LEMON: So after two days, the president finally reacted to the charges against a Coast Guard officer accused of being a white nationalist who planned to kill several high-profile journalists and also to kill Democratic politicians. Watch this.


TRUMP: I think it is a shame. Yeah. I think it is a very sad thing when a thing like that happens. I've expressed that. I'm actually getting a very complete briefing in about two hours.

UNIDENTIFIED FEMALE (voice-over): Do you think you bear any responsibility for moderating your language when it comes to that?

TRUMP: No, I don't. I think my language is very nice.



LEMON: Very nice. Listen, according to court documents, this is very serious, Lieutenant Christopher Hasson did Google searches for "what if Trump illegally impeached" and "civil war if Trump impeached." Should the president have done anything differently in his response to this terror, you think?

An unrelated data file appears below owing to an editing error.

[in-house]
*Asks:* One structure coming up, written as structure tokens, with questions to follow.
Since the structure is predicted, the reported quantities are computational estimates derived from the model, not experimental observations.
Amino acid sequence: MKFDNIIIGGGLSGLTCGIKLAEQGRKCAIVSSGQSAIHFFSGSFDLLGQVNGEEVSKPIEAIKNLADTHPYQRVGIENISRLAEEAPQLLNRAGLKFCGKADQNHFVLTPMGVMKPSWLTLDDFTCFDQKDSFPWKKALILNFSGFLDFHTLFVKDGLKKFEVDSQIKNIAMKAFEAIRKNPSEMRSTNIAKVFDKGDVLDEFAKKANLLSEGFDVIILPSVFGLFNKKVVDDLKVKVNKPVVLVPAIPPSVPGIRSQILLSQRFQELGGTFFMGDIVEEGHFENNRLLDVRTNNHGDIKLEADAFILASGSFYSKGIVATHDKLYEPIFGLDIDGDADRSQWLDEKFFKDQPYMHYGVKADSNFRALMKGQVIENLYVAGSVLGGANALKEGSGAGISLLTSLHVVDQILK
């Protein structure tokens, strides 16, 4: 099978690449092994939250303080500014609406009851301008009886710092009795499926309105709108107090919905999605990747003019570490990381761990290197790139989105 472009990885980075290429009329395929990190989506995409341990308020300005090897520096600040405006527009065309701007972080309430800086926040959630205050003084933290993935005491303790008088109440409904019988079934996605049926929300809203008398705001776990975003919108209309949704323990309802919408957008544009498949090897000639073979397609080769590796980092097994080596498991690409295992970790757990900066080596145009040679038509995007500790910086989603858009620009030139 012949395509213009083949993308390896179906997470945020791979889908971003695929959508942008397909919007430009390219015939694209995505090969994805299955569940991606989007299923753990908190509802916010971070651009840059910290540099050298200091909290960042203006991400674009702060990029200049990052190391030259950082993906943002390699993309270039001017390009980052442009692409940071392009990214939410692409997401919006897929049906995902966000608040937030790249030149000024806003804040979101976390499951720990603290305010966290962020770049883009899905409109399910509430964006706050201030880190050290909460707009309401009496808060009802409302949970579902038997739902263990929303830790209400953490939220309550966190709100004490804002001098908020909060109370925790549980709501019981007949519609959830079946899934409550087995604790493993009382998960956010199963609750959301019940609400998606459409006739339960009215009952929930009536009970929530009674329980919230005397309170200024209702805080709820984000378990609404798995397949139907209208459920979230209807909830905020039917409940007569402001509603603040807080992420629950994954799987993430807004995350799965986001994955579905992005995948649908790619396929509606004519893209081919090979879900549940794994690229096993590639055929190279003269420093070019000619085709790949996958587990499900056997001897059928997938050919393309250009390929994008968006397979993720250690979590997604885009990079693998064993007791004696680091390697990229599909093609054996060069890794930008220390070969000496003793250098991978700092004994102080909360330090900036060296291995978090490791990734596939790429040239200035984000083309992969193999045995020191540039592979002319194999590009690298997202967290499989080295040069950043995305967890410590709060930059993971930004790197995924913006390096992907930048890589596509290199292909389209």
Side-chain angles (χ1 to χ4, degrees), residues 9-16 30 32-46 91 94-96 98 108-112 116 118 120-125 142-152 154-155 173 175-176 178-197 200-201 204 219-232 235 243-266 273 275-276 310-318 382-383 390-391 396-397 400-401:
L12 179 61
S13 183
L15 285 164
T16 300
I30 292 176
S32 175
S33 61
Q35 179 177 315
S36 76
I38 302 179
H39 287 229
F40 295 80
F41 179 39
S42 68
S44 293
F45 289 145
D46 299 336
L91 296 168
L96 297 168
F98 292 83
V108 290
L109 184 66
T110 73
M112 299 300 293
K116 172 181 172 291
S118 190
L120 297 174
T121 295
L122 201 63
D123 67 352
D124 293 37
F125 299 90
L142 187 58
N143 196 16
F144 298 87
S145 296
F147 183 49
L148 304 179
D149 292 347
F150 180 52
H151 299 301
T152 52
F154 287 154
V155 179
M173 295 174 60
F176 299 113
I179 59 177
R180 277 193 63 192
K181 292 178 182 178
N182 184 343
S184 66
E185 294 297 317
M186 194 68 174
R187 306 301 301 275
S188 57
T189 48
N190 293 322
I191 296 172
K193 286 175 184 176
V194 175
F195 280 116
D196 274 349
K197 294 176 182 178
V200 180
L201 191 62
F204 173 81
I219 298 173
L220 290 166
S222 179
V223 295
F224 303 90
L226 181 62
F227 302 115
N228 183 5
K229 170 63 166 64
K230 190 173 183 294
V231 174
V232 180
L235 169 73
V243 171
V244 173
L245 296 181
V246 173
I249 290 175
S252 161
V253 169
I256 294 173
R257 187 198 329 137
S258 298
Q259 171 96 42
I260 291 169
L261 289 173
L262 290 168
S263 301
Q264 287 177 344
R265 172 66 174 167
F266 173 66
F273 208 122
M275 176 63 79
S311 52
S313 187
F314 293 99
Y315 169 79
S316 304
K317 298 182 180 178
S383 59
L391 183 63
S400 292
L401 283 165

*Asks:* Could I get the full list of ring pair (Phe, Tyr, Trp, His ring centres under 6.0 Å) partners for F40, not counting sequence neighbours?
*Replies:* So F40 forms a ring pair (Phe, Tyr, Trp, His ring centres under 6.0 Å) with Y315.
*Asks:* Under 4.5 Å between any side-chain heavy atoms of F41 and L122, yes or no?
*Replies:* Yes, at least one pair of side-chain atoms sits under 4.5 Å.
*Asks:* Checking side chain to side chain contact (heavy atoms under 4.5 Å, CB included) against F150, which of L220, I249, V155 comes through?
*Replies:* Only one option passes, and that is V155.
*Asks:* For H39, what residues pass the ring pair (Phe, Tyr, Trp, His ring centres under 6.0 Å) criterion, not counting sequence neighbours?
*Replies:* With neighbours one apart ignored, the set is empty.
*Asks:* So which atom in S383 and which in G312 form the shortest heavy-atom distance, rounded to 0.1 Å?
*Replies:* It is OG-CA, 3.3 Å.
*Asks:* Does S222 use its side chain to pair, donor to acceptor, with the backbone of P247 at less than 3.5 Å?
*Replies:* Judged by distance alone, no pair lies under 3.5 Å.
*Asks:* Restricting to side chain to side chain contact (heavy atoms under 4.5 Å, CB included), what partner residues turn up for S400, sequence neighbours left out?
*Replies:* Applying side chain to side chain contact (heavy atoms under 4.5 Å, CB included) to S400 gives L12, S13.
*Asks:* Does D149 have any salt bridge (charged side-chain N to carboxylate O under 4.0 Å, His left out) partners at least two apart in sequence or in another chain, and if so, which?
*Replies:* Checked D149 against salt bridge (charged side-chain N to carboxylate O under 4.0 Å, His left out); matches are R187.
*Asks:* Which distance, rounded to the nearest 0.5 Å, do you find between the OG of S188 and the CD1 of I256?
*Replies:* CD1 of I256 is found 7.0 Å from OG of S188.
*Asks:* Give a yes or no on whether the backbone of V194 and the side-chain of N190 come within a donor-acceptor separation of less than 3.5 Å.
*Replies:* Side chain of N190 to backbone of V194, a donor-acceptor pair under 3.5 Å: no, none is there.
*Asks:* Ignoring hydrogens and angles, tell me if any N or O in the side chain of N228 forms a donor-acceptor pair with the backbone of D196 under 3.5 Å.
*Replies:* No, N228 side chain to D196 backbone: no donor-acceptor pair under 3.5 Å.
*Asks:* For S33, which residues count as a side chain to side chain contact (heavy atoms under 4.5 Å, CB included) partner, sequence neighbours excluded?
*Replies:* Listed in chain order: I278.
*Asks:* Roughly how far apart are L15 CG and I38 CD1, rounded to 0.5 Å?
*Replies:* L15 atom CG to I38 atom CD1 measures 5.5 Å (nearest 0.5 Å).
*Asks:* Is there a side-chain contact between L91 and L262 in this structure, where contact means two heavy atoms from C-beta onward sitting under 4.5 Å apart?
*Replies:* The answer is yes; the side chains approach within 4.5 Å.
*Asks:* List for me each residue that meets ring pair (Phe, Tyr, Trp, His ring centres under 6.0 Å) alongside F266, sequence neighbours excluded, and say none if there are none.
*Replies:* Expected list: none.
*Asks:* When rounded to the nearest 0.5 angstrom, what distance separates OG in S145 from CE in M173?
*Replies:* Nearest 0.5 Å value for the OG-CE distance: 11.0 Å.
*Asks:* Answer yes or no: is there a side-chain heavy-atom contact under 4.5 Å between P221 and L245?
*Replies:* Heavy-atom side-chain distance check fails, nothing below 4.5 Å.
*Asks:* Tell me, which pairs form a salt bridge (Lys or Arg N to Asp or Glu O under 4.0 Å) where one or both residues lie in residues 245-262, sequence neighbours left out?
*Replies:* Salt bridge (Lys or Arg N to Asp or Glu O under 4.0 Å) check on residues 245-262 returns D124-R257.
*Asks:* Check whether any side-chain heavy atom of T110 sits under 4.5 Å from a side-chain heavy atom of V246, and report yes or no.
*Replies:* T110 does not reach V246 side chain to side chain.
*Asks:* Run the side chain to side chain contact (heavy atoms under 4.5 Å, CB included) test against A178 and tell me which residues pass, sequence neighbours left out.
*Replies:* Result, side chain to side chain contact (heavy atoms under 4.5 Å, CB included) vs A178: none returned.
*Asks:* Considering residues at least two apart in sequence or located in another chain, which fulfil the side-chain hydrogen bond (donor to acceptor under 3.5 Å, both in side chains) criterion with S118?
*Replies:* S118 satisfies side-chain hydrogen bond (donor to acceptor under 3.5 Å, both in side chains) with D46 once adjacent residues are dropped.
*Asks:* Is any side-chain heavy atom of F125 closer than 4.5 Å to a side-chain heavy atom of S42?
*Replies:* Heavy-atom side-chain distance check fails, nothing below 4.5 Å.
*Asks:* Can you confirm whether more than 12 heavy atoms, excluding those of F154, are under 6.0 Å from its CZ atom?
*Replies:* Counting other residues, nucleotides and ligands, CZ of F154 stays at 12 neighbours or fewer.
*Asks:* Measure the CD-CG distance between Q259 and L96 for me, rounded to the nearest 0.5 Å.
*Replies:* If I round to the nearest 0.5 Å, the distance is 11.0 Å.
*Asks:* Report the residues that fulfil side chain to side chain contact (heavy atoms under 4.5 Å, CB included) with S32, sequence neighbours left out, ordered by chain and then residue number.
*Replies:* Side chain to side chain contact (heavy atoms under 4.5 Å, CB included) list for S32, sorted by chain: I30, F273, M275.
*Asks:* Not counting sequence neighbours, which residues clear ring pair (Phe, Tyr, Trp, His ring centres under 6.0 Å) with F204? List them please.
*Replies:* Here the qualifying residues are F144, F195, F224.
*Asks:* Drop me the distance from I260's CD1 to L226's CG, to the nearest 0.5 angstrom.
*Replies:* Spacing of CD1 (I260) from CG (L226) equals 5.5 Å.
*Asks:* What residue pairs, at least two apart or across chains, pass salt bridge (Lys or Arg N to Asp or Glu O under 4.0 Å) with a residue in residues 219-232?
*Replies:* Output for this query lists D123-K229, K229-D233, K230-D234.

TARA SETMAYER, CNN POLITICAL COMMENTATOR: Well, of course, there were a lot of things he should have done differently, but, you know, we're talking about Donald Trump. He has the best words and the biggest brain. Don't you know that, Don? We're all the idiots because he uses very nice words. It was only a couple days ago that he tweeted out in all caps that The New York Times is the enemy of the people, the real enemy of the people.